Cotton clothes are such a common part of our lives that we often take them for granted. However, if you are into local goods, local clothes are hard to find. You can fix that by growing your own cotton right in your garden! Of course, you will have to then learn so spin, weave, and sew, but those skills will come. Right now let’s talk about the growing.
For many years, gardeners have been incorporating peat moss into their beds. It fluffs up the soil, helps to retain moisture and adds organic matter. So what is the problem with it? The environmental impact — the peat that we use has been decimating the beds that it comes from. Yet, there is an alternative in coconut coir.
Before you go and grab a can of insecticide to kill those pesky yellow jackets have you considered the fact that they eat aphids, flies, caterpillars and grasshoppers? In many ways they are beneficial. Their omnivorous nature lends itself well to eating the soft bodied structure of the dreaded aphid for example. They also help to sanitize outdoor animal processing stations, eat rotting fruit and they help take care of carrion in general. Yellow jackets are amazing beneficial insects if you can stand them!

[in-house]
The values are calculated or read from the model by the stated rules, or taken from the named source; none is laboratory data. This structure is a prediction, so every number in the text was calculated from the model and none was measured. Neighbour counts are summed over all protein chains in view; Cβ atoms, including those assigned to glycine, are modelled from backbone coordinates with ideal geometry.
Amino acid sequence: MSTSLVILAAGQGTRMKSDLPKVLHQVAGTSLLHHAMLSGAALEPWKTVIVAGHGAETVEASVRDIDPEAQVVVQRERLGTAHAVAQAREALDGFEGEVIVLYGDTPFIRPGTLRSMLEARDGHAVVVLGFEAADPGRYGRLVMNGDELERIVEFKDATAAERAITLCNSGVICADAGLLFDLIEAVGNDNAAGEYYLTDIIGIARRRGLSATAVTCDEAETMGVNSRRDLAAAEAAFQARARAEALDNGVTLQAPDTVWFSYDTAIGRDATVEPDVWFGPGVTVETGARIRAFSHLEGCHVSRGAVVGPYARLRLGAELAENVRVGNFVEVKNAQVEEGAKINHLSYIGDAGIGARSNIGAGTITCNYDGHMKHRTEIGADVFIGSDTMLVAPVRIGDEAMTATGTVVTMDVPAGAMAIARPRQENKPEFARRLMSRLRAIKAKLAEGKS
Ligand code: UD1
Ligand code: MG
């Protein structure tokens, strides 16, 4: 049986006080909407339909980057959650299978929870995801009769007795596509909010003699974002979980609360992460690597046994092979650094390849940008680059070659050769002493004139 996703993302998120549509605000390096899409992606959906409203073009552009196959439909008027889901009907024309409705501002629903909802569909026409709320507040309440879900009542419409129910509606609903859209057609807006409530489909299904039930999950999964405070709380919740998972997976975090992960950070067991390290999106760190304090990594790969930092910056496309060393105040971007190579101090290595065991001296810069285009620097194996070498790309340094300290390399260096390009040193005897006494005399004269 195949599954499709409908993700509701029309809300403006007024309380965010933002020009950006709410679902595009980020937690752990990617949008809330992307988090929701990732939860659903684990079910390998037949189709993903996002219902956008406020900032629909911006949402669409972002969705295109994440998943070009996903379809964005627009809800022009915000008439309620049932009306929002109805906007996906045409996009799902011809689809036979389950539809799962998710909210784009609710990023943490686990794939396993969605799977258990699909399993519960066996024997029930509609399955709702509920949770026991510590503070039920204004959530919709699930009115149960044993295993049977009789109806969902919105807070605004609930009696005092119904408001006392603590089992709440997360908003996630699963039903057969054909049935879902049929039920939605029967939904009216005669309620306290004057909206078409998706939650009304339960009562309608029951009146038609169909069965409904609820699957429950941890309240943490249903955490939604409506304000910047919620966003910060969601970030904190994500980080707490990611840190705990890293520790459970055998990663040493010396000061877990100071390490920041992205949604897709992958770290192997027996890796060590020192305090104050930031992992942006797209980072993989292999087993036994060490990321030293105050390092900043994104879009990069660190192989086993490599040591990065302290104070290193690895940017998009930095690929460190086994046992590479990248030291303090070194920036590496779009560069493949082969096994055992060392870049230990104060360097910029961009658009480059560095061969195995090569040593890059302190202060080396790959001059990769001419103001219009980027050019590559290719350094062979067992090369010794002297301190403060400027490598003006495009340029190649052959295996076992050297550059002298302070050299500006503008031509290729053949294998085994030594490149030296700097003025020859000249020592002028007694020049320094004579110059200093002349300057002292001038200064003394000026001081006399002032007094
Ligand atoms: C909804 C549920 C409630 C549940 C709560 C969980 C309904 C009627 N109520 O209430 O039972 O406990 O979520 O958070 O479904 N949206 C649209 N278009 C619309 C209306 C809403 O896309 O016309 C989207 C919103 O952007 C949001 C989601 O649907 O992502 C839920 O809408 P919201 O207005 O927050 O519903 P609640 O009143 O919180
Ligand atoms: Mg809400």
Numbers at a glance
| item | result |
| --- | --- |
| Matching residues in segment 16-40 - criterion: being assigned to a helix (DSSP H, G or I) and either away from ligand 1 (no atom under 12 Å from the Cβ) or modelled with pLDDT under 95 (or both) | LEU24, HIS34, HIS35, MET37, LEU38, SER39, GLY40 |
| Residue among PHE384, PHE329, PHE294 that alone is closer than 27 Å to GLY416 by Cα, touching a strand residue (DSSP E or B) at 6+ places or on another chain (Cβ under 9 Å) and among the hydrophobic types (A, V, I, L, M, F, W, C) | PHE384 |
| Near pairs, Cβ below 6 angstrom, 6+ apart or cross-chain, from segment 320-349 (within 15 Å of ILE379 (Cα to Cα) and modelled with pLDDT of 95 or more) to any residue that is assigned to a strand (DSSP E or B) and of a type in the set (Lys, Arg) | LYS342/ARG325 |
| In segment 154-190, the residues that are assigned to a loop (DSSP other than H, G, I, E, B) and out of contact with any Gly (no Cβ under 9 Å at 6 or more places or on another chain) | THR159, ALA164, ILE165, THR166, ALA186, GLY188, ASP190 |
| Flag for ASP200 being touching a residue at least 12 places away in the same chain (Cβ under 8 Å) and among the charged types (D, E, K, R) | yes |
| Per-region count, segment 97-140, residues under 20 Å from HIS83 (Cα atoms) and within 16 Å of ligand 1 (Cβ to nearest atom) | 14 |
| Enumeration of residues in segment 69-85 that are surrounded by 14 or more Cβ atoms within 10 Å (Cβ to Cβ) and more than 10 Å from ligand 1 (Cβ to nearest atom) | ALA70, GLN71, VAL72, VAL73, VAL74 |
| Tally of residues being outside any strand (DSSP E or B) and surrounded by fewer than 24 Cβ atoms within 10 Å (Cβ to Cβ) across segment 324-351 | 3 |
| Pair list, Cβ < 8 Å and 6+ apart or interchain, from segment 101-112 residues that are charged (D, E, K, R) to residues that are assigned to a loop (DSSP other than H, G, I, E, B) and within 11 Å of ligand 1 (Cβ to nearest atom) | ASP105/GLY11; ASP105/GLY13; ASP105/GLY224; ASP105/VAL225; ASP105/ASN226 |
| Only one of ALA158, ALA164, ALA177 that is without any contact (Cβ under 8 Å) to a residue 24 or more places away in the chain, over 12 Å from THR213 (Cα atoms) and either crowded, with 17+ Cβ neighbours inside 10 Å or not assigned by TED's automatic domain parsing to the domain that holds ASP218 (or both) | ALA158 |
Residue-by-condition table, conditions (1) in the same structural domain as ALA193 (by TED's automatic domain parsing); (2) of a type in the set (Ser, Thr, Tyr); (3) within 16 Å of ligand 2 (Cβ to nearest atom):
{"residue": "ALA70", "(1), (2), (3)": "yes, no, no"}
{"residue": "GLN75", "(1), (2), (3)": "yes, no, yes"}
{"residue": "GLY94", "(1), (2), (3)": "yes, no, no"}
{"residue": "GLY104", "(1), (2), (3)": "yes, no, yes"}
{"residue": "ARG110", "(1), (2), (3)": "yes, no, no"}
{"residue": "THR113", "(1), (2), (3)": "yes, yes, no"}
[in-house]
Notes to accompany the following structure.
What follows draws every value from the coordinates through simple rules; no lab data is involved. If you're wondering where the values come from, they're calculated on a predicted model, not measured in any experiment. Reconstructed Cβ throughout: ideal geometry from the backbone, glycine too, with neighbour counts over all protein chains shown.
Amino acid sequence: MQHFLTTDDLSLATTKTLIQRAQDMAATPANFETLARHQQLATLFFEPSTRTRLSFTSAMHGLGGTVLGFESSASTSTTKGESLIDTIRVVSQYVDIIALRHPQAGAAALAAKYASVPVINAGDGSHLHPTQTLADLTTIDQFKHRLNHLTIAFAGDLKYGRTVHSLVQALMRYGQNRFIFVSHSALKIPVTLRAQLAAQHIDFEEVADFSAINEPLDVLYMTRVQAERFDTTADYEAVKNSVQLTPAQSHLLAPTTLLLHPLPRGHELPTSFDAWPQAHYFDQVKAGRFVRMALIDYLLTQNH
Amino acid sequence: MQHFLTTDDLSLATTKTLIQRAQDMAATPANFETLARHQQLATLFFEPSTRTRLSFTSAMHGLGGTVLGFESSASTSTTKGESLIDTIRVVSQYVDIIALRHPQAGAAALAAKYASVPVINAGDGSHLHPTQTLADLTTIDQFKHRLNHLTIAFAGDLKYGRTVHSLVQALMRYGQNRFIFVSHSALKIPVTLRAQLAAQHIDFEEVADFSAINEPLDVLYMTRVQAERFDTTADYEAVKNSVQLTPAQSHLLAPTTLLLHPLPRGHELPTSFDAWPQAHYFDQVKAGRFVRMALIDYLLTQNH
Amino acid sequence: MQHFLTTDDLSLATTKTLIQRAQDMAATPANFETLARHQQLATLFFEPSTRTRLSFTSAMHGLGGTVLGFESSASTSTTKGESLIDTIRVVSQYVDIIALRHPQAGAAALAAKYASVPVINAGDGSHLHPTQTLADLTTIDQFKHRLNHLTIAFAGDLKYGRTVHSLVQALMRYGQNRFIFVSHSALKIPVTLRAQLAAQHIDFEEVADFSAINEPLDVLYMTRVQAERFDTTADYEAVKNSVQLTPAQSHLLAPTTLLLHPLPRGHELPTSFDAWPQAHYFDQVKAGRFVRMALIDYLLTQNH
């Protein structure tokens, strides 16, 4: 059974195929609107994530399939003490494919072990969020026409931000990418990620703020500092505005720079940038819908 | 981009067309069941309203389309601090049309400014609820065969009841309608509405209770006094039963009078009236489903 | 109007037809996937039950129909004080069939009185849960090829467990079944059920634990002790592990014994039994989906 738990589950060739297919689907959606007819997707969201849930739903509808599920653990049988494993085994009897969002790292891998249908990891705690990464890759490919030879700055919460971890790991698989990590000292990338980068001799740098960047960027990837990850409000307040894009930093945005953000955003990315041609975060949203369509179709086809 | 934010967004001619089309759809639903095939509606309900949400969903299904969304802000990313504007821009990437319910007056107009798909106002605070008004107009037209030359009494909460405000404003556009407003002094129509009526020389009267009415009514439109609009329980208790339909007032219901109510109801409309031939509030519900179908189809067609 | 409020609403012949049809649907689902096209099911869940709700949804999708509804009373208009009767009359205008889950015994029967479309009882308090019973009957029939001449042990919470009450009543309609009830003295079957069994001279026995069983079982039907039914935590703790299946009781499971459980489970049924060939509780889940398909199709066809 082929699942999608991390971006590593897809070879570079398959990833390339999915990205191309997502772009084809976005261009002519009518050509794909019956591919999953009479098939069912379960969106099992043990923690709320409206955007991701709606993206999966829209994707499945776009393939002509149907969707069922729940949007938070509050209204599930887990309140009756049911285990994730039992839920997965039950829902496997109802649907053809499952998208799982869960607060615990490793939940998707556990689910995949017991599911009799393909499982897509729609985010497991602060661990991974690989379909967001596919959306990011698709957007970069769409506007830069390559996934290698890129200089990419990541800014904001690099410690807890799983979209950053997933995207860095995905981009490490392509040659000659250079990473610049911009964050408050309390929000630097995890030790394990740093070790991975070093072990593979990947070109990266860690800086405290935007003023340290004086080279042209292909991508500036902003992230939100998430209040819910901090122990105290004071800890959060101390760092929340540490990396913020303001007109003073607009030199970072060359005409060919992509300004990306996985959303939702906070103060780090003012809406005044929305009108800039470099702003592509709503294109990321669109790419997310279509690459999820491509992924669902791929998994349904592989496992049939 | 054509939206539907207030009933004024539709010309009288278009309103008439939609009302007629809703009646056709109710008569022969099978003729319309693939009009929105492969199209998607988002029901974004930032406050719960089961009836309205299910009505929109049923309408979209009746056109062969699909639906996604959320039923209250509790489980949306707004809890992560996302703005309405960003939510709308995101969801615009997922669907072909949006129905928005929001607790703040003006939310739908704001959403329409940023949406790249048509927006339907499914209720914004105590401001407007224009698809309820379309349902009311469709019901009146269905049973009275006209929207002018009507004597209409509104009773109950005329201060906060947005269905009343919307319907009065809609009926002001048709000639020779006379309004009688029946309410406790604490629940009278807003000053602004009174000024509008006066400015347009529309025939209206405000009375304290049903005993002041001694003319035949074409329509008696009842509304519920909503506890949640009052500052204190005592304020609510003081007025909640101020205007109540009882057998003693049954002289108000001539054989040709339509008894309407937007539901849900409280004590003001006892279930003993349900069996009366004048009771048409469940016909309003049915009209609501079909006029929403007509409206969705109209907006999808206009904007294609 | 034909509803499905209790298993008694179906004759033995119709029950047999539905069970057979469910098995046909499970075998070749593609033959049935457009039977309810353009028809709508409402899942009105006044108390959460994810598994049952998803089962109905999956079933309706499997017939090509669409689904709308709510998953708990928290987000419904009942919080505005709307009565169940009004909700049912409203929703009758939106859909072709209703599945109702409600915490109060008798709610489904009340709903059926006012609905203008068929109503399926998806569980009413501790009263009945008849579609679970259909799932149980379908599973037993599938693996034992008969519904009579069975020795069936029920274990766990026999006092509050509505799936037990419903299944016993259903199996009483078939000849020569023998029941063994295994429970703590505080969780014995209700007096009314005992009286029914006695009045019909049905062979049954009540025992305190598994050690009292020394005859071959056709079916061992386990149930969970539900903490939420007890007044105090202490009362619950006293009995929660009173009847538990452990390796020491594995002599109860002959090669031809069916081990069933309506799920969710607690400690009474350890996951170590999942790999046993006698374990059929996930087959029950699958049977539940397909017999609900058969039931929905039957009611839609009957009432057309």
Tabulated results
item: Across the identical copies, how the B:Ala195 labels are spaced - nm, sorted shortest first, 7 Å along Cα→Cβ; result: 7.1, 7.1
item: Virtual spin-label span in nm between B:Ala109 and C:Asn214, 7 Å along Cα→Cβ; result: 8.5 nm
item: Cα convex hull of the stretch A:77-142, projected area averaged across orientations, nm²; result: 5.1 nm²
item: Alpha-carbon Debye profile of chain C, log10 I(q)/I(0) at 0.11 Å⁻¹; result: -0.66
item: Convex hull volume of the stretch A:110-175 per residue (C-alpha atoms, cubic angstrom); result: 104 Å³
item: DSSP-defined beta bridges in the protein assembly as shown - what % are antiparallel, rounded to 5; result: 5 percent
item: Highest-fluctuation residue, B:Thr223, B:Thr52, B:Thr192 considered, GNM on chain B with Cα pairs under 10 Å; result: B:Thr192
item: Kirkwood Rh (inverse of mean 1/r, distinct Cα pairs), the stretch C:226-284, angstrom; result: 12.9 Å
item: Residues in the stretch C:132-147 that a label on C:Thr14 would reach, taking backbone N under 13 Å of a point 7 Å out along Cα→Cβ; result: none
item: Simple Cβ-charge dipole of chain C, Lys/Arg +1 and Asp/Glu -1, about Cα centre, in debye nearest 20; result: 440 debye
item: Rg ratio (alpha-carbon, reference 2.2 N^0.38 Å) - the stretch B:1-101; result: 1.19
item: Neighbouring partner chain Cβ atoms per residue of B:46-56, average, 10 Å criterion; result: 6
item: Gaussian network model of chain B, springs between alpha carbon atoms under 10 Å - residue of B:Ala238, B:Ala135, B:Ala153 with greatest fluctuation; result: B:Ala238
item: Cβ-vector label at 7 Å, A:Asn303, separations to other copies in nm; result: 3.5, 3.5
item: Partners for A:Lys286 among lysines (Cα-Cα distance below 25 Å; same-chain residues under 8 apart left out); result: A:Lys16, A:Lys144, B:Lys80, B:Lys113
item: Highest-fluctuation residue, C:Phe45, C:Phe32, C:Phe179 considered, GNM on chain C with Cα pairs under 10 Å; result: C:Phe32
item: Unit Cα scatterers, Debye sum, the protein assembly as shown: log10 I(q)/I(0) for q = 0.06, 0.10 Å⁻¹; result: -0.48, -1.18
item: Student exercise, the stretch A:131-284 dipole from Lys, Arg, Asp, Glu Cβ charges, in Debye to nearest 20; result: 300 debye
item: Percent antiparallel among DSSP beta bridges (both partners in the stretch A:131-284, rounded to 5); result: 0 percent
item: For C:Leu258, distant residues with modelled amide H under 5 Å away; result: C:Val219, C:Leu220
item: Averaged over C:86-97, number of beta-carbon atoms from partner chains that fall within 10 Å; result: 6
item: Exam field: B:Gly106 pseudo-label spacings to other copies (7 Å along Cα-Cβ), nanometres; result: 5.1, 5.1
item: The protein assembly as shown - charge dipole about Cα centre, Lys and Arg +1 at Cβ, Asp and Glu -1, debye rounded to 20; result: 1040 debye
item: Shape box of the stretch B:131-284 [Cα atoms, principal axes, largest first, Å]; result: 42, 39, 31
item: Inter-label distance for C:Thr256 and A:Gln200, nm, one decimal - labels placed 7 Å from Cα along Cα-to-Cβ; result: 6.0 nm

Have you ever thought of growing your own clothes? Now is your opportunity. Plant flax, the right kind of course, in your garden now and learn to harvest it and process it later in the season. Flax fiber becomes linen once it is spun. Once you have the linen thread/yarn you can knit with it or weave it into cloth. Learn the details of what variety of seeds to use and how to plant them.
Tips for choosing soil for raised garden beds; decreasing the amount of soil you need to buy or dig up; and keeping soil healthy.
For the cost of plexiglass and an aquarium pump, we created an eco-friendly, aquaponics system out of a rain barrel that will provide our family with fish and greens for months to come, all from the comfort of our laundry room.
Miner’s lettuce is easy to grow, tastes great and is adapted to our region of Northern California.